Imagine living in a community where almost no one speaks your language, and where you cannot understand what goes on at a play or a city council meeting.
Members of Terrace’s Deaf community live with this reality daily, and while some assistance is available, the burden of finding that help is often left up to the person seeking it.
In the past two years this has begun to improve with the arrival of American Sign Language (ASL) interpreters in the northwest.
ASL is a recognized language where whole concepts are expressed through hand motions.
Amanda Smith and Bayani Generoso are full time interpreters at Northwest Community College (NWCC).
Smith arrived two years ago and Generoso has been in Terrace since last September. Both plan to take their interpretive services beyond their work of translating for students at NWCC.
Smith and Generoso have been opening access for members of the Deaf community in Terrace by signing at local activities such as aboriginal events, at an Enbridge information session earlier this year and, more recently, at the federal election all-candidates debate.
And now the pair wants to expand the service to all kinds of activities and events.
Before their arrival something as simple as participating in a funeral would require a deaf person to send a request for sign language interpretive services to Community Interpretive Services (CIS).
CIS is the booking service for the Western Institute for the Deaf and Hard of Hearing, and provides interpreters for all events that are non-medical. If a request is approved, an interpreter is flown to Terrace from Vancouver.
And while Terrace may now have local interpreters, the money to pay for their services – outside of their work at NWCC – still comes from Vancouver.
Generoso and Smith want to see this change and have local money be available for their services.
They recently approached the City of Terrace, asking that local money be made available. If the city was able to help out, the two would set up a local service, cutting through the red tape that currently exists to receive assistance from Vancouver.
They say the city is listening. City council recently invited Generoso back to speak more on the subject.
“They are very interested in providing more access for various disabilities around the community, and Deaf people are amongst one of their mandates,” Generoso said.
Paula Wesley and Thomas Wick are two members of Terrace’s Deaf community. The couple share a son Drakon who is a hearing person, but at nearly four years of age, is already using sign language with his parents.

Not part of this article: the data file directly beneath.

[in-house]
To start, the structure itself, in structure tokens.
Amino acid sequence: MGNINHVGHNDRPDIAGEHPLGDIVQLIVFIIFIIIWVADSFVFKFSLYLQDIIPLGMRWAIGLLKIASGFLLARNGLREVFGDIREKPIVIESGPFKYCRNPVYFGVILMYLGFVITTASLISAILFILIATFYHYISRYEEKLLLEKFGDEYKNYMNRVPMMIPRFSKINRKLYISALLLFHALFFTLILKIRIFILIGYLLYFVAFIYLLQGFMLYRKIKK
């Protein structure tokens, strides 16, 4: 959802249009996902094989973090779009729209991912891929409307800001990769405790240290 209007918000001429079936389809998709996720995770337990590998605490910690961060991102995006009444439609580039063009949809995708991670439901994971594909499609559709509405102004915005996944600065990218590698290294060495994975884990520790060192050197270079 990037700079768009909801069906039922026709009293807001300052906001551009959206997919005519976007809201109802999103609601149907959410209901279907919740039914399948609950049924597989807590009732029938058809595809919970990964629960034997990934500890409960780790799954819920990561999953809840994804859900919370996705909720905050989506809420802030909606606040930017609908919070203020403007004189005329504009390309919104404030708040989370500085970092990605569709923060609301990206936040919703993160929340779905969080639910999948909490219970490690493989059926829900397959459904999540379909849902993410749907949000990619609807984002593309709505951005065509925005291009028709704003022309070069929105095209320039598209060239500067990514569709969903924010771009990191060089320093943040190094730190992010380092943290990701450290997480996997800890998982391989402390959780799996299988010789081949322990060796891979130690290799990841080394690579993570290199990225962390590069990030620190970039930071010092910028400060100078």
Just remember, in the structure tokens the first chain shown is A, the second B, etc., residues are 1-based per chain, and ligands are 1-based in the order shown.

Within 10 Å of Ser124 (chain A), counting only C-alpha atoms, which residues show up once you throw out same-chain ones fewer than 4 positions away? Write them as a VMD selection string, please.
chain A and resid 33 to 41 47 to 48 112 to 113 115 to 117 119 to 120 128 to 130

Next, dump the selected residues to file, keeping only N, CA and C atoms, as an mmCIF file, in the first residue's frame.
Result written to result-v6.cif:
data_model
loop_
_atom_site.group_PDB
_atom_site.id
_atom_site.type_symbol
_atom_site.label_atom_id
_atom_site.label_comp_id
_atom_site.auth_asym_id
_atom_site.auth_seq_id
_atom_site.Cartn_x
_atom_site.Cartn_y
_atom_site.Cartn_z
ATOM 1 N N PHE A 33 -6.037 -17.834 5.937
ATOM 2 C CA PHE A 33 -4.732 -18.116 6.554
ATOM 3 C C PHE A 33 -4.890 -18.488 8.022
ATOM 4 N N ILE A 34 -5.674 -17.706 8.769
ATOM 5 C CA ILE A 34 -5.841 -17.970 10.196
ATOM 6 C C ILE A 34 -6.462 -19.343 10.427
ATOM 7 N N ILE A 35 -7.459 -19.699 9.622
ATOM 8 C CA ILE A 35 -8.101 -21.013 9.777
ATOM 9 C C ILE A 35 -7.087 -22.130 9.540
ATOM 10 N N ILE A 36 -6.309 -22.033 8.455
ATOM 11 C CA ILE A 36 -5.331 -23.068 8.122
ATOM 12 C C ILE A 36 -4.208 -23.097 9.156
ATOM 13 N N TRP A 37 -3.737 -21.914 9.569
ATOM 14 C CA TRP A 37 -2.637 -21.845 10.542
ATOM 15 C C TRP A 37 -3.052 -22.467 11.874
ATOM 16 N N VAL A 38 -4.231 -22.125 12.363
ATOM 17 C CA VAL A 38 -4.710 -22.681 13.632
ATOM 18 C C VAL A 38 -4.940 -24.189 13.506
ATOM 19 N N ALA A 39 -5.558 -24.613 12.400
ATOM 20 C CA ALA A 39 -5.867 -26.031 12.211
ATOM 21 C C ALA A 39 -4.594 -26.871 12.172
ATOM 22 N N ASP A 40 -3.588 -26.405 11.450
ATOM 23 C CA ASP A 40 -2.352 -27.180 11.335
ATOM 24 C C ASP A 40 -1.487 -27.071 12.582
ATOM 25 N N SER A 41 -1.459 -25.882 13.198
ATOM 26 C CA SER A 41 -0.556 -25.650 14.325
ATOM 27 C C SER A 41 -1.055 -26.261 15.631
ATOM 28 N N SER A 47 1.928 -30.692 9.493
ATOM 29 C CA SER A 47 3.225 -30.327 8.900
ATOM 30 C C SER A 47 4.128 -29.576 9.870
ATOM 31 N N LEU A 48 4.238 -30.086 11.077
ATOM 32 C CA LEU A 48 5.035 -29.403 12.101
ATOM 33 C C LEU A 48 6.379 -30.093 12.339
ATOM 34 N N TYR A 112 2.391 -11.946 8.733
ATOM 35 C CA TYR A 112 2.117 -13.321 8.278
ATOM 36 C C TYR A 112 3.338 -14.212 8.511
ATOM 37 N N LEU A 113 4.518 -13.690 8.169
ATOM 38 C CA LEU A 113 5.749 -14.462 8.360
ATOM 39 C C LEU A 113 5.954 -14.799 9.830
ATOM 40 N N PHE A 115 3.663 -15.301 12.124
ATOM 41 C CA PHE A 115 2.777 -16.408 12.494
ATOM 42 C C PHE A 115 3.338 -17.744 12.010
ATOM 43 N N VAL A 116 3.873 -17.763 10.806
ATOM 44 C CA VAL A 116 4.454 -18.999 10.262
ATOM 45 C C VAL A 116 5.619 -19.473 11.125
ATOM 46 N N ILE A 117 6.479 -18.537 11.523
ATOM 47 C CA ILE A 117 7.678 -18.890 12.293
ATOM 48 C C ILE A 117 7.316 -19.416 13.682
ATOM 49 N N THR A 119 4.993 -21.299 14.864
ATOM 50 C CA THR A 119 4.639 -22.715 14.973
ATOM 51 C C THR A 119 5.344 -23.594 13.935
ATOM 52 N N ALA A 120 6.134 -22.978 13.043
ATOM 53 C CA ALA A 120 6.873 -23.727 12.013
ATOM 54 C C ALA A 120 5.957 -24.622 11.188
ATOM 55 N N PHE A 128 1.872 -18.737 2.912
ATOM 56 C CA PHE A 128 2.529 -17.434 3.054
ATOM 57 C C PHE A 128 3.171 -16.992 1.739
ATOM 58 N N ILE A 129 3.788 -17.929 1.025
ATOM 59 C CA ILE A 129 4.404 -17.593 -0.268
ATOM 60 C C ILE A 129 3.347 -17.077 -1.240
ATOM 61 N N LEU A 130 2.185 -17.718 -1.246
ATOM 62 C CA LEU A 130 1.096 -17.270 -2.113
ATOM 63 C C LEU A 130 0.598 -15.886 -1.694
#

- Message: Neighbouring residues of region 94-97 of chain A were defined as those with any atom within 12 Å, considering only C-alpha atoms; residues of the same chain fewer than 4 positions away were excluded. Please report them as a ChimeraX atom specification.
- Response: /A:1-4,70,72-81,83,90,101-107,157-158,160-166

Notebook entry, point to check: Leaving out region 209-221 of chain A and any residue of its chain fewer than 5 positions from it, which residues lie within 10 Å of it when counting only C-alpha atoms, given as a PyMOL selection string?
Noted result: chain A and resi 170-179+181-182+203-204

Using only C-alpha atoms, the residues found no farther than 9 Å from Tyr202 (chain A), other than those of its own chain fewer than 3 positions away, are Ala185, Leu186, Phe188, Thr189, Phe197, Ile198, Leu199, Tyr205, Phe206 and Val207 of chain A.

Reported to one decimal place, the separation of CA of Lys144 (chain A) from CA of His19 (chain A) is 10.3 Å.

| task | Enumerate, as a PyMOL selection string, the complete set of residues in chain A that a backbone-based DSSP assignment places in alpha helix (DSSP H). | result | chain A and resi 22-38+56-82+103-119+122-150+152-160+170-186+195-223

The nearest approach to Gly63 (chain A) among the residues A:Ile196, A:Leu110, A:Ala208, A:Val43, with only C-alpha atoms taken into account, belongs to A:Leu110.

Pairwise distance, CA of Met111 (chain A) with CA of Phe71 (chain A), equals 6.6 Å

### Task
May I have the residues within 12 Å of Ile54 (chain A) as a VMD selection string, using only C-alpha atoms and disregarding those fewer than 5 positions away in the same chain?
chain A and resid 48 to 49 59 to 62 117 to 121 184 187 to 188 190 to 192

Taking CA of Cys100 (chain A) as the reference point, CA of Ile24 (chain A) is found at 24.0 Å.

Wesley describes the process of requesting an interpreter or money though CIS as time consuming and arduous.
“It is not feasible for last minute things,” Wesley said explaining that requests may also be denied as CIS has limits of two events per month.
“There might be four or five events in a month that I want to participate in, and I am not able to do that because of their rules,” she said.
Wesley is an art student at the Freda Diesing School of Northwest Coast Art at the NWCC campus here.
The art school program is unique in that it is available only in Terrace. Wesley credits Smith and Generoso as essential factors in her ability to attend the art school.
Wesley said even to say hello with out an interpreter can be a struggle because you have to rely on gestures or writing back and forth on paper. It’s something she said other people are not necessarily always comfortable with.
Wesley decision to go back to school was instrumental in setting out the need for two interpreters.
Simply put, the more Deaf students enrolled at NWCC – the more interpreters the college will hire to accommodate them.
Smith explains that due to a national shortage of interpreters, having two in Terrace is amazing. But, this number also may grow as Wick prepares to join Wesley at NWCC this fall.
“I hope it all works out in the future, and that the Deaf community here in Terrace will flourish because of the fact that we have services,” Wick said.
According to Smith and Generoso interpreting can be an intensive job. In order to provide full-coverage at events two interpreters are often necessary.
Interpreters feed off each other, making sure that no content is missed and providing each other breaks in a job which Smith describes as a mentally exhausting at times – given all of the nuances of language communicated along with information.
“We translate everything no matter how menial,” Generoso said, explaining this includes conversations going on around a client, and even back ground noise such as a truck driving by.
“We let them know everything,” he said.
And their services are certainly appreciated.
“Bay and Amanda are available and it’s wonderful, I am hoping to take advantage of the fact that they are here so I can be more involved in the community,” Wesley said.
“Hearing people have all this opportunity and access, and I just want it to be the same for the Deaf community, we want to be equal,” Wesley said. “It doesn’t matter if you are deaf or hearing – we all want the same things in life.”
And this is certainly the direction in which both Generoso and Smith are working towards.
“The Deaf people in this community have a voice,” Generoso said. “And now they can speak for themselves.
Readers will notice the capital ‘D’ in ‘Deaf’ on occasion within this article. In doing so, ‘Deaf’ it refers to a person’s identity or group identity as opposed to a condition resulting in deafness.